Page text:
Circadian clock in cell culture

I. Oscillation of melatonin release from dissociated chick pineal cells in flow-through microcarrier culture

L. M. Robertson, J. S. Takahashi

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103 Citations (Scopus)

Abstract

The avian pineal gland contains circadian oscillators that regulate the rhythmic release of melatonin. We have developed a dissociated chick pineal cell culture system in order to begin a cellular analysis of this vertebrate circadian oscillator. Dissociated pineal cells maintained in cyclic light conditions (LD 12:21) released melatonin rhythmically. The release of melatonin was elevated during the dark and low during the light. A circadian oscillation of melatonin release persisted for at least 5 cycles in constant darkness with a period close to 24 hr; however, there was a gradual damping of the amplitude. Analysis of the rhythm revealed that the observed damping was consistent with either desynchronization of multiple oscillators within the cultures or damping of individual oscillators. The circadian oscillation of melatonin release persisted for up to 4 cycles under conditions of constant light; however, the oscillation was strongly damped and the period of the oscillation was lengthened significantly. Thus, dissociated pineal cells express a persistent circadian oscillation of melatonin release in constant darkness, and properties of this oscillation are modulated by light treatment in vitro. This flow-through cell culture method for dissociated chick pineal cells should provide a useful model for the analysis of a vertebrate circadian system at the cellular level.

Original languageEnglish (US)
Pages (from-to)12-21
Number of pages10
JournalJournal of Neuroscience
Volume8
Issue number1
StatePublished - 1988

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Circadian Clocks
Melatonin
Cell Culture Techniques
Light
Darkness
Vertebrates
Pineal Gland

ASJC Scopus subject areas

  • Neuroscience(all)

Cite this

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title = "Circadian clock in cell culture: I. Oscillation of melatonin release from dissociated chick pineal cells in flow-through microcarrier culture",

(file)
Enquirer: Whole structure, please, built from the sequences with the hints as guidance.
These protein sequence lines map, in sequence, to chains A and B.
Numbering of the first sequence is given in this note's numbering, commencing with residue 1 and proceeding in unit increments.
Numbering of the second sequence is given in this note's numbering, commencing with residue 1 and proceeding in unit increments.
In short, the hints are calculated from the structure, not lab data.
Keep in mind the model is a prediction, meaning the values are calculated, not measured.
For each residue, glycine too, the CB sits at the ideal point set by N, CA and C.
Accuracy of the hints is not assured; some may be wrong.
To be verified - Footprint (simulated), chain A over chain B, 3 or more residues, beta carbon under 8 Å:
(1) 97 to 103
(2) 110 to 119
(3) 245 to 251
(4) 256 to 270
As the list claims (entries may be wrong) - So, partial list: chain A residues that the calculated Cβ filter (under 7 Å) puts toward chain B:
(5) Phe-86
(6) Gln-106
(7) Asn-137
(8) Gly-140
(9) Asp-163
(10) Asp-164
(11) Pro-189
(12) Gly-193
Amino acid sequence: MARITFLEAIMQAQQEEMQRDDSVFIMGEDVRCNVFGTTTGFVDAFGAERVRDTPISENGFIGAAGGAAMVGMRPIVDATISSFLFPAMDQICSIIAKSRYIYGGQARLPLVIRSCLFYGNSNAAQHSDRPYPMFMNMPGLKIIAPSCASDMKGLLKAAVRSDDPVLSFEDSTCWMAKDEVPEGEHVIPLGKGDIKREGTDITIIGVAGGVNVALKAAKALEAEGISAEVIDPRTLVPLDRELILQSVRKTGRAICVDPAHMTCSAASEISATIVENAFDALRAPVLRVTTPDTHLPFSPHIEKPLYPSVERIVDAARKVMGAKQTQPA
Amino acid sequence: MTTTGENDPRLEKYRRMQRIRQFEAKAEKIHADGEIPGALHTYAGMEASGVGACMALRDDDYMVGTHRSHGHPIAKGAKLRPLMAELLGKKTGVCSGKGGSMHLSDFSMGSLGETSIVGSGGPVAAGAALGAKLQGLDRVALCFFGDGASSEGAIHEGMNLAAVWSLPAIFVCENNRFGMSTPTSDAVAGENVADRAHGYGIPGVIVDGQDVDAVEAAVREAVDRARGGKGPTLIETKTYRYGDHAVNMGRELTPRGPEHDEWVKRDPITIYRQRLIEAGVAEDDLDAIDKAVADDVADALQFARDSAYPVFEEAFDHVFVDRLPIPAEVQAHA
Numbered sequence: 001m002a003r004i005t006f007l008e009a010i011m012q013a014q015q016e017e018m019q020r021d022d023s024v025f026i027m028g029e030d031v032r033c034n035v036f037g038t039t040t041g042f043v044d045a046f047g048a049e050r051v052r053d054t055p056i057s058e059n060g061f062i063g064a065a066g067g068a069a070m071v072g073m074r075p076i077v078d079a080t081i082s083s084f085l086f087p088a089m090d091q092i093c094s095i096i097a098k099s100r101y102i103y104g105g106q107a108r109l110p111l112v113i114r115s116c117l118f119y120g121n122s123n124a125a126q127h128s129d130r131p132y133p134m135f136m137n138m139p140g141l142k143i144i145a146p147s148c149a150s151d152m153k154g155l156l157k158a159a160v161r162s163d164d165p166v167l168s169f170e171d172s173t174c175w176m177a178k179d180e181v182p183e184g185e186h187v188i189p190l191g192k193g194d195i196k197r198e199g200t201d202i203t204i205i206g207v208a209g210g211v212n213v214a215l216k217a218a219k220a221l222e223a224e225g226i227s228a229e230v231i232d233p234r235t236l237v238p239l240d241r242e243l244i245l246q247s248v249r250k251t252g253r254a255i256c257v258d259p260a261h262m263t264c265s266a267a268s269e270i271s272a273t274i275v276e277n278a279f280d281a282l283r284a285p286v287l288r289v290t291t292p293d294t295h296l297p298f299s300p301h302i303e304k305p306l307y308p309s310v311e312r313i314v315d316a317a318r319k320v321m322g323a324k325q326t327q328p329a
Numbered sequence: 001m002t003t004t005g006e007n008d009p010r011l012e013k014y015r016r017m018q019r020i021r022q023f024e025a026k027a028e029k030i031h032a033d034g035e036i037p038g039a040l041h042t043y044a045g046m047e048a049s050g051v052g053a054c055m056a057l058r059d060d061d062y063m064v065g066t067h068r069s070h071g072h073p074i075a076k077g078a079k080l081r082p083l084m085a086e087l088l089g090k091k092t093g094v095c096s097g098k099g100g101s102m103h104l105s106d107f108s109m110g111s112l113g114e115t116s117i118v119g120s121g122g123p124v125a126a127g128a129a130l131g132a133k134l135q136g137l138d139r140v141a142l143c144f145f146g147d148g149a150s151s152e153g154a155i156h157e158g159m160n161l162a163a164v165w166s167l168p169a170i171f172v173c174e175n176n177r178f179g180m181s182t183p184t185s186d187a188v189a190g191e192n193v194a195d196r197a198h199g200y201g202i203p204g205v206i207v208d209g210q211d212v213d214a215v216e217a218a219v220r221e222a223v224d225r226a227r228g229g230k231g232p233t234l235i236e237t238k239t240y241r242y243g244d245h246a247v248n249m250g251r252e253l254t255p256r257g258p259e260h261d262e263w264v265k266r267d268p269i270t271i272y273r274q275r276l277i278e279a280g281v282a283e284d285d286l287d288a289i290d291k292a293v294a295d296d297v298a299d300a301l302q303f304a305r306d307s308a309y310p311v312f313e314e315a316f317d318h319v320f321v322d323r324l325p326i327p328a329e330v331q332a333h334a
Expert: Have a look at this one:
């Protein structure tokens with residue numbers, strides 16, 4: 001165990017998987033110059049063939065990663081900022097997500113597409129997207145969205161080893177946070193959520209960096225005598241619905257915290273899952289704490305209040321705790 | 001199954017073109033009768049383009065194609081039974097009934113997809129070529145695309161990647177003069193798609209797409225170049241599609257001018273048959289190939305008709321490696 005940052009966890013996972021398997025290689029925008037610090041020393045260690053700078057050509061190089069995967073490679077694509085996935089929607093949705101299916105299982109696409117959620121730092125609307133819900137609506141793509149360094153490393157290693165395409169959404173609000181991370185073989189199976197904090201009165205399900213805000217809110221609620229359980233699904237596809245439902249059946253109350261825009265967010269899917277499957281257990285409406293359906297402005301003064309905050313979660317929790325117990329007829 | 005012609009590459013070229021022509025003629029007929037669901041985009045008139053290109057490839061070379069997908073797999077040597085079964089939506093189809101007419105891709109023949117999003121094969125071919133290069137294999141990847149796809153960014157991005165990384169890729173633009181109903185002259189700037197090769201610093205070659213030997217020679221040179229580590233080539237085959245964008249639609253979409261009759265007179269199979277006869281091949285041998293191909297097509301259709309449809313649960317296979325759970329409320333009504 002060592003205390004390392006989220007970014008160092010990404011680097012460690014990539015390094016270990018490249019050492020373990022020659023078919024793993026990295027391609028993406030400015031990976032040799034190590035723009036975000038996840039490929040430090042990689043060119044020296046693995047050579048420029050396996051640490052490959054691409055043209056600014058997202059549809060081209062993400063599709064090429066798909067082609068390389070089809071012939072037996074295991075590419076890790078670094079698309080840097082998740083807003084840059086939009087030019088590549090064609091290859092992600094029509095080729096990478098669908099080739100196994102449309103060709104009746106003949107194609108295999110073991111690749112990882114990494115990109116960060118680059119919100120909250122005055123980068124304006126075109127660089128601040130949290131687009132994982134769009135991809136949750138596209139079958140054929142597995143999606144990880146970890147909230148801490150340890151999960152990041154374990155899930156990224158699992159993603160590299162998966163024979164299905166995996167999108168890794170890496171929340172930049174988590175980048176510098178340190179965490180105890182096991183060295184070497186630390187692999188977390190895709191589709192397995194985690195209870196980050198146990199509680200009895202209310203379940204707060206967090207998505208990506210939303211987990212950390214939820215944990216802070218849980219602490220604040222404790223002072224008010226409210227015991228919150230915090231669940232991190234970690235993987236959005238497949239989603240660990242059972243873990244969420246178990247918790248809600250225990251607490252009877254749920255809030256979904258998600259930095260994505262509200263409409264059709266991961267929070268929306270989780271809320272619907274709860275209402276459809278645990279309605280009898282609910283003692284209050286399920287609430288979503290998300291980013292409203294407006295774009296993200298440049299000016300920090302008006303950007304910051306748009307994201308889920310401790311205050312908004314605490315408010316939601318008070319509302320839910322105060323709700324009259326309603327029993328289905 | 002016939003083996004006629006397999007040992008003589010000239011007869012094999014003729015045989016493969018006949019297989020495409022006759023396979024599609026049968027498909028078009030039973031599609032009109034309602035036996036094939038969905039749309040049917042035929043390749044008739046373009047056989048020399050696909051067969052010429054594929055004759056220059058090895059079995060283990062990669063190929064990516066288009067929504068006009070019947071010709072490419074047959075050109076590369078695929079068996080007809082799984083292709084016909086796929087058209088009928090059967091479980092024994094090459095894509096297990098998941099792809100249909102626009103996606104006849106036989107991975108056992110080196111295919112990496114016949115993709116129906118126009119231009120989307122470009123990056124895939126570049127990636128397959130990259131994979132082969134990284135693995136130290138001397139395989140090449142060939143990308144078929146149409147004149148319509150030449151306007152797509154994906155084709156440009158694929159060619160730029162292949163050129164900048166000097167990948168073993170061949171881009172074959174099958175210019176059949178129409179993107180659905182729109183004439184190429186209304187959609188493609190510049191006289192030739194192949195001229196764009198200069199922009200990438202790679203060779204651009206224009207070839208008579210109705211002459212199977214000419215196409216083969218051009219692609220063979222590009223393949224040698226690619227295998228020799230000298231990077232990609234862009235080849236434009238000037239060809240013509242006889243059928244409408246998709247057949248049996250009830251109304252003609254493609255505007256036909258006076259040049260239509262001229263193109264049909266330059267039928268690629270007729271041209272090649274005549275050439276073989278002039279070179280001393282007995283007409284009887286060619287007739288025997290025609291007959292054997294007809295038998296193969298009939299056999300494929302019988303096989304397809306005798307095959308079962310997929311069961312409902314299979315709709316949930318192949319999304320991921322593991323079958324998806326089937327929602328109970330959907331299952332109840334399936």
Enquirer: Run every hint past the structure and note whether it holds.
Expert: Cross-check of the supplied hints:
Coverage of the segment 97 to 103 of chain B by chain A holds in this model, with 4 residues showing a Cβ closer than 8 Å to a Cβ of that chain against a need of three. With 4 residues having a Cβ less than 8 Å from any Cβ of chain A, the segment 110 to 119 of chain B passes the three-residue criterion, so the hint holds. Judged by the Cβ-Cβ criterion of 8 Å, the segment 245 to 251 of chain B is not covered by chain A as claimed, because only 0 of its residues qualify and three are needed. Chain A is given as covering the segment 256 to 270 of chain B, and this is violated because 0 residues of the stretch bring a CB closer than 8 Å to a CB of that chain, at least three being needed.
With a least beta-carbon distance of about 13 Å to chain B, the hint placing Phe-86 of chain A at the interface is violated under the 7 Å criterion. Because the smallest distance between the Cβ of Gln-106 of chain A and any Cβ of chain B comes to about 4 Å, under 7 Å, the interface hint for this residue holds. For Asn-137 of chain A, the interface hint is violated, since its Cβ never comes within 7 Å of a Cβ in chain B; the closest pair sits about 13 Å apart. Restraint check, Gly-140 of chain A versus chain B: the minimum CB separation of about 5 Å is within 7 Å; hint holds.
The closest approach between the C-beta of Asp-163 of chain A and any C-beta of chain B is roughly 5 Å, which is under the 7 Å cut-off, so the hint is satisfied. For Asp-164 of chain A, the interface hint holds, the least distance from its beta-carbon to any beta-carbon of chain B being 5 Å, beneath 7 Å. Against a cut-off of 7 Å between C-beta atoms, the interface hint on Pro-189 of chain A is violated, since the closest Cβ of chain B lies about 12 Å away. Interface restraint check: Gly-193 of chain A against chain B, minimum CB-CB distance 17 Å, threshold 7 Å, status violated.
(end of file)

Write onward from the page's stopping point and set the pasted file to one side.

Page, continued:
abstract = "The avian pineal gland contains circadian oscillators that regulate the rhythmic release of melatonin. We have developed a dissociated chick pineal cell culture system in order to begin a cellular analysis of this vertebrate circadian oscillator. Dissociated pineal cells maintained in cyclic light conditions (LD 12:21) released melatonin rhythmically. The release of melatonin was elevated during the dark and low during the light. A circadian oscillation of melatonin release persisted for at least 5 cycles in constant darkness with a period close to 24 hr; however, there was a gradual damping of the amplitude. Analysis of the rhythm revealed that the observed damping was consistent with either desynchronization of multiple oscillators within the cultures or damping of individual oscillators. The circadian oscillation of melatonin release persisted for up to 4 cycles under conditions of constant light; however, the oscillation was strongly damped and the period of the oscillation was lengthened significantly. Thus, dissociated pineal cells express a persistent circadian oscillation of melatonin release in constant darkness, and properties of this oscillation are modulated by light treatment in vitro. This flow-through cell culture method for dissociated chick pineal cells should provide a useful model for the analysis of a vertebrate circadian system at the cellular level.",
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N2 - The avian pineal gland contains circadian oscillators that regulate the rhythmic release of melatonin. We have developed a dissociated chick pineal cell culture system in order to begin a cellular analysis of this vertebrate circadian oscillator. Dissociated pineal cells maintained in cyclic light conditions (LD 12:21) released melatonin rhythmically. The release of melatonin was elevated during the dark and low during the light. A circadian oscillation of melatonin release persisted for at least 5 cycles in constant darkness with a period close to 24 hr; however, there was a gradual damping of the amplitude. Analysis of the rhythm revealed that the observed damping was consistent with either desynchronization of multiple oscillators within the cultures or damping of individual oscillators. The circadian oscillation of melatonin release persisted for up to 4 cycles under conditions of constant light; however, the oscillation was strongly damped and the period of the oscillation was lengthened significantly. Thus, dissociated pineal cells express a persistent circadian oscillation of melatonin release in constant darkness, and properties of this oscillation are modulated by light treatment in vitro. This flow-through cell culture method for dissociated chick pineal cells should provide a useful model for the analysis of a vertebrate circadian system at the cellular level.

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